As Erik hunts down Sebastian Shaw (Kevin Bacon), the man responsible for murdering his family in a concentration camp, Fassbender’s natural intensity loans itself exceptionally well to a character who, even early on in his origin story, has contended with enough hurt and pain to last a lifetime. His hardness is matched by Charles’s proclivity for empathy and, while Charles’s comfortable upbringing has afforded him the ability to give people the benefit of the doubt, McAvoy doesn’t settle for playing him as naive. Charles’s instincts to try to save Erik (from himself and others) time and time again doesn’t come from a place of doe-eyed optimism but rather a genuine aim of understanding his strife.
It’s these instincts that come to define our understanding of their relationship as Charles must come to realize there is a limit to what he can do for Erik. The first half of the film, which forms their close relationship, not only sets up the shift that takes place as they begin to oppose each other, but it also constructs a different perspective of the original trilogy and deepens our understanding of how and why they so clearly care for each other even when they are rivals.
The central arc of Charles and Erik gives the film some emotional weight, and it balances this with director Matthew Vaughn‘s gusto and energy as a filmmaker. He takes advantage of the 1960s setting and leans into the influence of early James Bond films. Erik’s introduction, in particular, positions him as not exactly a spy, but certainly a lone-wolf skilled in the art of deception. From the overall cinematic influences to the details such as the production design of Shaw’s submarine, First Class works with its time period and embraces the aesthetic.
One doesn’t have to look far to see how this has come to define Vaughn’s work. Following X-Men, he went to work on Kingsman: The Secret Service in 2014 and its sequel, Kingsman: The Golden Circle in 2017. The films lean even further into his penchant for Bond references with the construction of a cinematic world of secret spy organizations. We can see Vaughn’s ability to construct rousing action setpieces illustrated with First Class‘s climactic Cuban Missile Crisis scene and Kingsman‘s famous church fight scene. For what it’s worth, I personally find the Kingsman films obtuse and rampantly misogynistic, but the church scene and a number of other moments have a vitality that is notable. My own feelings aside, it’s clear that viewers have responded to the Kingsman films and Vaughn’s panache as this style has spawned a franchise, with the third film in the series set for a release in 2020. It’s clear that, in X-Menfilms or outside of them, Vaughn’s stylized approach to action filmmaking is welcomed by audiences.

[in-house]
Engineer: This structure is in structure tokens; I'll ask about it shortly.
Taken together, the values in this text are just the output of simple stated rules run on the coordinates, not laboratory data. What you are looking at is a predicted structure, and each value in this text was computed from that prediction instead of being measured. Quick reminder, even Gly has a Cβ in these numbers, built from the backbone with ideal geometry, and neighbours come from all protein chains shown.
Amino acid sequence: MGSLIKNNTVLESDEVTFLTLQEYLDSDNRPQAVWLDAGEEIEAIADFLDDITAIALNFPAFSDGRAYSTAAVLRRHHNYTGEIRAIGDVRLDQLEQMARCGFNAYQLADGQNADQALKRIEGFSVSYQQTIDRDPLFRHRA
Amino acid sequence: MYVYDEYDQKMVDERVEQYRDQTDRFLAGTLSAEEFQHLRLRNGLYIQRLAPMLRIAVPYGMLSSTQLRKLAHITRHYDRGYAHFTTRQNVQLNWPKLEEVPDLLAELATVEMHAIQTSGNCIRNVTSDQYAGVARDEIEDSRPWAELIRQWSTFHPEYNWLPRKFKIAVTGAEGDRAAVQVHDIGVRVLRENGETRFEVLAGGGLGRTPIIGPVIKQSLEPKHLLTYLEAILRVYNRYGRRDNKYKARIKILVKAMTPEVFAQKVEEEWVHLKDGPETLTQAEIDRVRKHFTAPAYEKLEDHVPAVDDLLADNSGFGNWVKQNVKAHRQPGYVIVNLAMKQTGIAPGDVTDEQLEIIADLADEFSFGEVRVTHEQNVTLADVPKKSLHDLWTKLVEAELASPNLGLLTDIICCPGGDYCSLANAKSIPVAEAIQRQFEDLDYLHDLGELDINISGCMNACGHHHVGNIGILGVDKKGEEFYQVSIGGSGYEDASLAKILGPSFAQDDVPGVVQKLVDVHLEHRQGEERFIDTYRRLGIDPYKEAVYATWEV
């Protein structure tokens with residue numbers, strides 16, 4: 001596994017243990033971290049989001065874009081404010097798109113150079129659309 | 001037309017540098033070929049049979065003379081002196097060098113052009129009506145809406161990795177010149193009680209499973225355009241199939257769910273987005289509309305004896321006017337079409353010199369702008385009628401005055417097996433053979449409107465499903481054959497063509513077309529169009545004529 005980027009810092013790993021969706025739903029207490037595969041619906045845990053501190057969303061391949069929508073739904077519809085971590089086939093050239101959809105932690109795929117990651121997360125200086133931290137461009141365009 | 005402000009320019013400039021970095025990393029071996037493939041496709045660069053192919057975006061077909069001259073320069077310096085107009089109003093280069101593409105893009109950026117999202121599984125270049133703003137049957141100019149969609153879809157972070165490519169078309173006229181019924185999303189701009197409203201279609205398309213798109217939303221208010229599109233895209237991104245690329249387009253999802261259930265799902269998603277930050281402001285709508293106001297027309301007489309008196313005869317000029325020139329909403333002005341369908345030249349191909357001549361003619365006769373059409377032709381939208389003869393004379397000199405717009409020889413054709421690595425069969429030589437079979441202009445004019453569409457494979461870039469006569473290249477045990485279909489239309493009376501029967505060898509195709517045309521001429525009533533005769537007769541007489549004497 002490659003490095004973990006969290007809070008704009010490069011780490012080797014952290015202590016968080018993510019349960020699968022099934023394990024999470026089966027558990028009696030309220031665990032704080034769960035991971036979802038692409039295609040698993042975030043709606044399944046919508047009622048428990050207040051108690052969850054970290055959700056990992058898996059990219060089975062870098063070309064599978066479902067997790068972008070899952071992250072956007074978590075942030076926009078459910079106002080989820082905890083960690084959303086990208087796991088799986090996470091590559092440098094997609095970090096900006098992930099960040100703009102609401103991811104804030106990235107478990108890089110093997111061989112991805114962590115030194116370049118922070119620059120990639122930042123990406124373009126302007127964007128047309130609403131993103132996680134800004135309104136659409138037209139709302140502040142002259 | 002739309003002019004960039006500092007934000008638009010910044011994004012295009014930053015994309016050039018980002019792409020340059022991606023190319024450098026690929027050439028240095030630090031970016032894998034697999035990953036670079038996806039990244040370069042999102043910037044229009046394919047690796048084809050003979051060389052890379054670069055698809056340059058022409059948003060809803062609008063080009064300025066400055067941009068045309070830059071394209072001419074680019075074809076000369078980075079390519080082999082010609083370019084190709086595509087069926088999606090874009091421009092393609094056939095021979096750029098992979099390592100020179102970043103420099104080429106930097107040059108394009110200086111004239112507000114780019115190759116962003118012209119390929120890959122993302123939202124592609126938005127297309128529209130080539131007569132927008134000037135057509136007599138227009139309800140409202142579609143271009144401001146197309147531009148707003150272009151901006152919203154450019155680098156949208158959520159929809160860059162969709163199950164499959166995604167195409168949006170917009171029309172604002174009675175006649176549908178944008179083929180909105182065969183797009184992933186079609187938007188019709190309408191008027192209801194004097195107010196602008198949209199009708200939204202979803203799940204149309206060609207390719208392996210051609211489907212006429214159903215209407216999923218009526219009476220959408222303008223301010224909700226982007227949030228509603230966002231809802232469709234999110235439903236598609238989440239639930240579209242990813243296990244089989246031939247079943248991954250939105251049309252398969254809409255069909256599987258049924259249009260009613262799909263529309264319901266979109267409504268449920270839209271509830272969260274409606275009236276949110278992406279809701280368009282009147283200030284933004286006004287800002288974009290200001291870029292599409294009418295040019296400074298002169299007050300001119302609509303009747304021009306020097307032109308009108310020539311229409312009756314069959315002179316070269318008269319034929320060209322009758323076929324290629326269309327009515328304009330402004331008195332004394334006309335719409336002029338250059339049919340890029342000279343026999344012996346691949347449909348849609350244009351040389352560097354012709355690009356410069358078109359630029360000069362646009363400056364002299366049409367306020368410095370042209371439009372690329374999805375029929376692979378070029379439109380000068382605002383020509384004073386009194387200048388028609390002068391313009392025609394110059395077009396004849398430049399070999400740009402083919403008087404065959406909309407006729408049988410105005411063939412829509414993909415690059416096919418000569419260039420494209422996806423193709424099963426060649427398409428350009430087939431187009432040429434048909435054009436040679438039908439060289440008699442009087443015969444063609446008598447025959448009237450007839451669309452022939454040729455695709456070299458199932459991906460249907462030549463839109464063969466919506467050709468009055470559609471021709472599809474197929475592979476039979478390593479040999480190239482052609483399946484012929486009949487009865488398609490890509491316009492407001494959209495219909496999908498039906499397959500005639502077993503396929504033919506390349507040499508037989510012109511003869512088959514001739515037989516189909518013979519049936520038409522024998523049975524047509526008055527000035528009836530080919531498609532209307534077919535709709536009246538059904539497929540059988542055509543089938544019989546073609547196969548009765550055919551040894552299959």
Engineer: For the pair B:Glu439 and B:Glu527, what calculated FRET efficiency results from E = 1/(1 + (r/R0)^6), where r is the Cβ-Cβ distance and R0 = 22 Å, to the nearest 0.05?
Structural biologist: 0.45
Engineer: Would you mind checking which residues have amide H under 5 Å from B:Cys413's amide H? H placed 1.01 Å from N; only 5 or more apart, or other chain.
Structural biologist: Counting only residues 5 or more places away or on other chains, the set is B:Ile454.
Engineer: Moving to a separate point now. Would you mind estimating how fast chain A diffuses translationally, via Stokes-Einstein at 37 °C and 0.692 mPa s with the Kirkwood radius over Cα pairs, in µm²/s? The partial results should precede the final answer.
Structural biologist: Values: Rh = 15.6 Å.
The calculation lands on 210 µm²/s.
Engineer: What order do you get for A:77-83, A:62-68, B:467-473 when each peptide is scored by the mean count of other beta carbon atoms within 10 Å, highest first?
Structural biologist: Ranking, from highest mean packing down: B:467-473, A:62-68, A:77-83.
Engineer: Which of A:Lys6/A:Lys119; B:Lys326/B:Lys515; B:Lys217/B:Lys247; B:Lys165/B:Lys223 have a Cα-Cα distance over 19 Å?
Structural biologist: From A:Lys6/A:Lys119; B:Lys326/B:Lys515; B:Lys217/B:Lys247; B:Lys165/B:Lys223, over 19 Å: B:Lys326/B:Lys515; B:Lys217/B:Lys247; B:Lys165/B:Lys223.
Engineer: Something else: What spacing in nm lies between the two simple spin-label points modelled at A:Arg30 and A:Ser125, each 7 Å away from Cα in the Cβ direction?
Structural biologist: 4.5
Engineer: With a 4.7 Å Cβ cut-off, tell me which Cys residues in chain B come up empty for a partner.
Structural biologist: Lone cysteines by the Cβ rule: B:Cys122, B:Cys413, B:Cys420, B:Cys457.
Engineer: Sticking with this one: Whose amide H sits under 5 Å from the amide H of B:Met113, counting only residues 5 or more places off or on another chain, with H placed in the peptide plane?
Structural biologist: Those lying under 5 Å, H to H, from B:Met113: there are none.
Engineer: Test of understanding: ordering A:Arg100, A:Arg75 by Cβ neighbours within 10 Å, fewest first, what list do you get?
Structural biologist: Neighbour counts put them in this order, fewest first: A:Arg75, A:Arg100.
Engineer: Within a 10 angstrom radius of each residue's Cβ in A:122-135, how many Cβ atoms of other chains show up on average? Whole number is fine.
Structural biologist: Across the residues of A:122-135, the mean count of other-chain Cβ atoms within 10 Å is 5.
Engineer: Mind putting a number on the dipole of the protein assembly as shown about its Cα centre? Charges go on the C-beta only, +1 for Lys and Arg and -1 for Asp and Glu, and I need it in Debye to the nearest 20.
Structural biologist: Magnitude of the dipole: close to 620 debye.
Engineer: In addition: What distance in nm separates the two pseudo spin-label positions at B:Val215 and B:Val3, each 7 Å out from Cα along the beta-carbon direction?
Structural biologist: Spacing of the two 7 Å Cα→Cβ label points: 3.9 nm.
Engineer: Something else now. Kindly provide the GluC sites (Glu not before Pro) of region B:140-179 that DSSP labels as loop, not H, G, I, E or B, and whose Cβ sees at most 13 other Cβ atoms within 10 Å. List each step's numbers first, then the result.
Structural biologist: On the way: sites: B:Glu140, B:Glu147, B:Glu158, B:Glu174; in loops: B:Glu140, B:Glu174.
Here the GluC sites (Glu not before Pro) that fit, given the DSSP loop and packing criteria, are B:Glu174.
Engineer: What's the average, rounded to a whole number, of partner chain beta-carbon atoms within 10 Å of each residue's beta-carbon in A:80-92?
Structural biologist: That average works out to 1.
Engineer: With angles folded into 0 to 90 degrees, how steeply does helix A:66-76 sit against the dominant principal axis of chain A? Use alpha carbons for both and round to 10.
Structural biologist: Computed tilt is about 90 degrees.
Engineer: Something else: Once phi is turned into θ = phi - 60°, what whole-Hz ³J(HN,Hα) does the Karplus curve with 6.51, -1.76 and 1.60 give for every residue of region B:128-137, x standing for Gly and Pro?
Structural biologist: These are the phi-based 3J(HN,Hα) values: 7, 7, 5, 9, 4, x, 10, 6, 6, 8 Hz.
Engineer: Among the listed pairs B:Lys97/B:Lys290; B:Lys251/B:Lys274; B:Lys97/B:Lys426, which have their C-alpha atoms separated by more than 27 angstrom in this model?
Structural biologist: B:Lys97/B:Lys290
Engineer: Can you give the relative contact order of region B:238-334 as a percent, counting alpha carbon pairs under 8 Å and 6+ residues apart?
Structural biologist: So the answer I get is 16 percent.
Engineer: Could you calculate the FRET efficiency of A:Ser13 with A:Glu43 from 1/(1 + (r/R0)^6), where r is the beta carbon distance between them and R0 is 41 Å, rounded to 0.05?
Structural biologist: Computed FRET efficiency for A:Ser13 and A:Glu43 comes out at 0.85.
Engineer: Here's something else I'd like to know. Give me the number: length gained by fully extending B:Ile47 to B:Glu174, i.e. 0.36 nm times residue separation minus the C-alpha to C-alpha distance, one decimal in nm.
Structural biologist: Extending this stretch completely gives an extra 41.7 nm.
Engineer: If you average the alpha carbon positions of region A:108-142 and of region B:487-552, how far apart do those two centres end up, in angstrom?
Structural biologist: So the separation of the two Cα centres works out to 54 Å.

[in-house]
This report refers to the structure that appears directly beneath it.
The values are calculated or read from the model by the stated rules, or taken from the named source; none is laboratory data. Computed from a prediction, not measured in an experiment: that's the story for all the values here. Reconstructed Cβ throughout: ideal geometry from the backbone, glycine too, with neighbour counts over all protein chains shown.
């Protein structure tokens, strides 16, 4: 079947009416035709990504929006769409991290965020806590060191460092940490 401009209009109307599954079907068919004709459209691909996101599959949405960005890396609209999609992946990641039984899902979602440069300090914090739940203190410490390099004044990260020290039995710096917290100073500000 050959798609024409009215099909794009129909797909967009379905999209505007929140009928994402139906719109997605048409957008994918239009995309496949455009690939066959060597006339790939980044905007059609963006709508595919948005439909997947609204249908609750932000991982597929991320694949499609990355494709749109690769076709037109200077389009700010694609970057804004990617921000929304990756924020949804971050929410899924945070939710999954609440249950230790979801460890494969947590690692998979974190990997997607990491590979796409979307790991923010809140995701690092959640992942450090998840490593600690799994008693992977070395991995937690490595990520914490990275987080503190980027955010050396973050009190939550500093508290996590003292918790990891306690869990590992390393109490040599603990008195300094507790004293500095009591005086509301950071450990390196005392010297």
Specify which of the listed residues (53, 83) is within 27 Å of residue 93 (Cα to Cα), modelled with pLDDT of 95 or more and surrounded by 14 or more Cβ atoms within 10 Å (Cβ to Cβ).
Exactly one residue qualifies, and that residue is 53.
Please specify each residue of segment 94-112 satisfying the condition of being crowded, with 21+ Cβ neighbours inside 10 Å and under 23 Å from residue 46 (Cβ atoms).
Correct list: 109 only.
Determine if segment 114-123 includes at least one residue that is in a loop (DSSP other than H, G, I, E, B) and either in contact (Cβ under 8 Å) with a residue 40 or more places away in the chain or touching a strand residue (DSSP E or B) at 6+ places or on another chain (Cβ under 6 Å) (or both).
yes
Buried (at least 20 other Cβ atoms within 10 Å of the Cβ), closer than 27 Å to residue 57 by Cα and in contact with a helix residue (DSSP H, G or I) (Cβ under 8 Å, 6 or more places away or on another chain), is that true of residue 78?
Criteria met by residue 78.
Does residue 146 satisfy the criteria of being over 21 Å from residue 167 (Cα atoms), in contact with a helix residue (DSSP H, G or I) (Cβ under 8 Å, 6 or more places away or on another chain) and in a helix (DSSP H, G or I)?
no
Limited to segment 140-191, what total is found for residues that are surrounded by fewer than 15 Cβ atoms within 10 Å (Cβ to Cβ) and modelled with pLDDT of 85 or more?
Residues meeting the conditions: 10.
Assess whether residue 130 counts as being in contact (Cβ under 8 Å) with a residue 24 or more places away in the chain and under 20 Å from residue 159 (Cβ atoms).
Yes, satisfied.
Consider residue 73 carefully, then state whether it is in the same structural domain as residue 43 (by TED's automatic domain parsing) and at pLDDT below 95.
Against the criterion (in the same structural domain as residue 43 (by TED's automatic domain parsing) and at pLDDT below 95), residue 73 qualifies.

What First Class did so well was balance its heightened style with its genuine emotional resonance and character development. Dark Phoenix doesn’t even make an attempt to choose one over the other; it settles for neither. The film never takes the time to give us a reason to care about the characters or tell us something new about them. Kinberg’s direction hedges its bets at every opportunity and rather than take a risk or do something exciting, it is just plain bland. The 1990s setting is practically a throwaway as the film rarely takes the opportunity to have the slightest bit of fun with its time period.
The X-Men films frequently revisit established ideas such as the tension between mutants wanting to blend in and be accepted or wanting to embrace their powers, or the problem of revenge and Erik’s eye-for-an-eye philosophy against Charles’s bridge-building mentality, or the allegorical significance of characters ostracized for being born in a way that differs from the norm. These themes can still be relevant and interesting. First Class demonstrated that it’s possible to explore a character’s origins in ways that illuminate our understanding of them and the other films in the series. Dark Phoenix, despite working with a protagonist that is nuanced and complex, not only fails to say anything new, it doesn’t even try.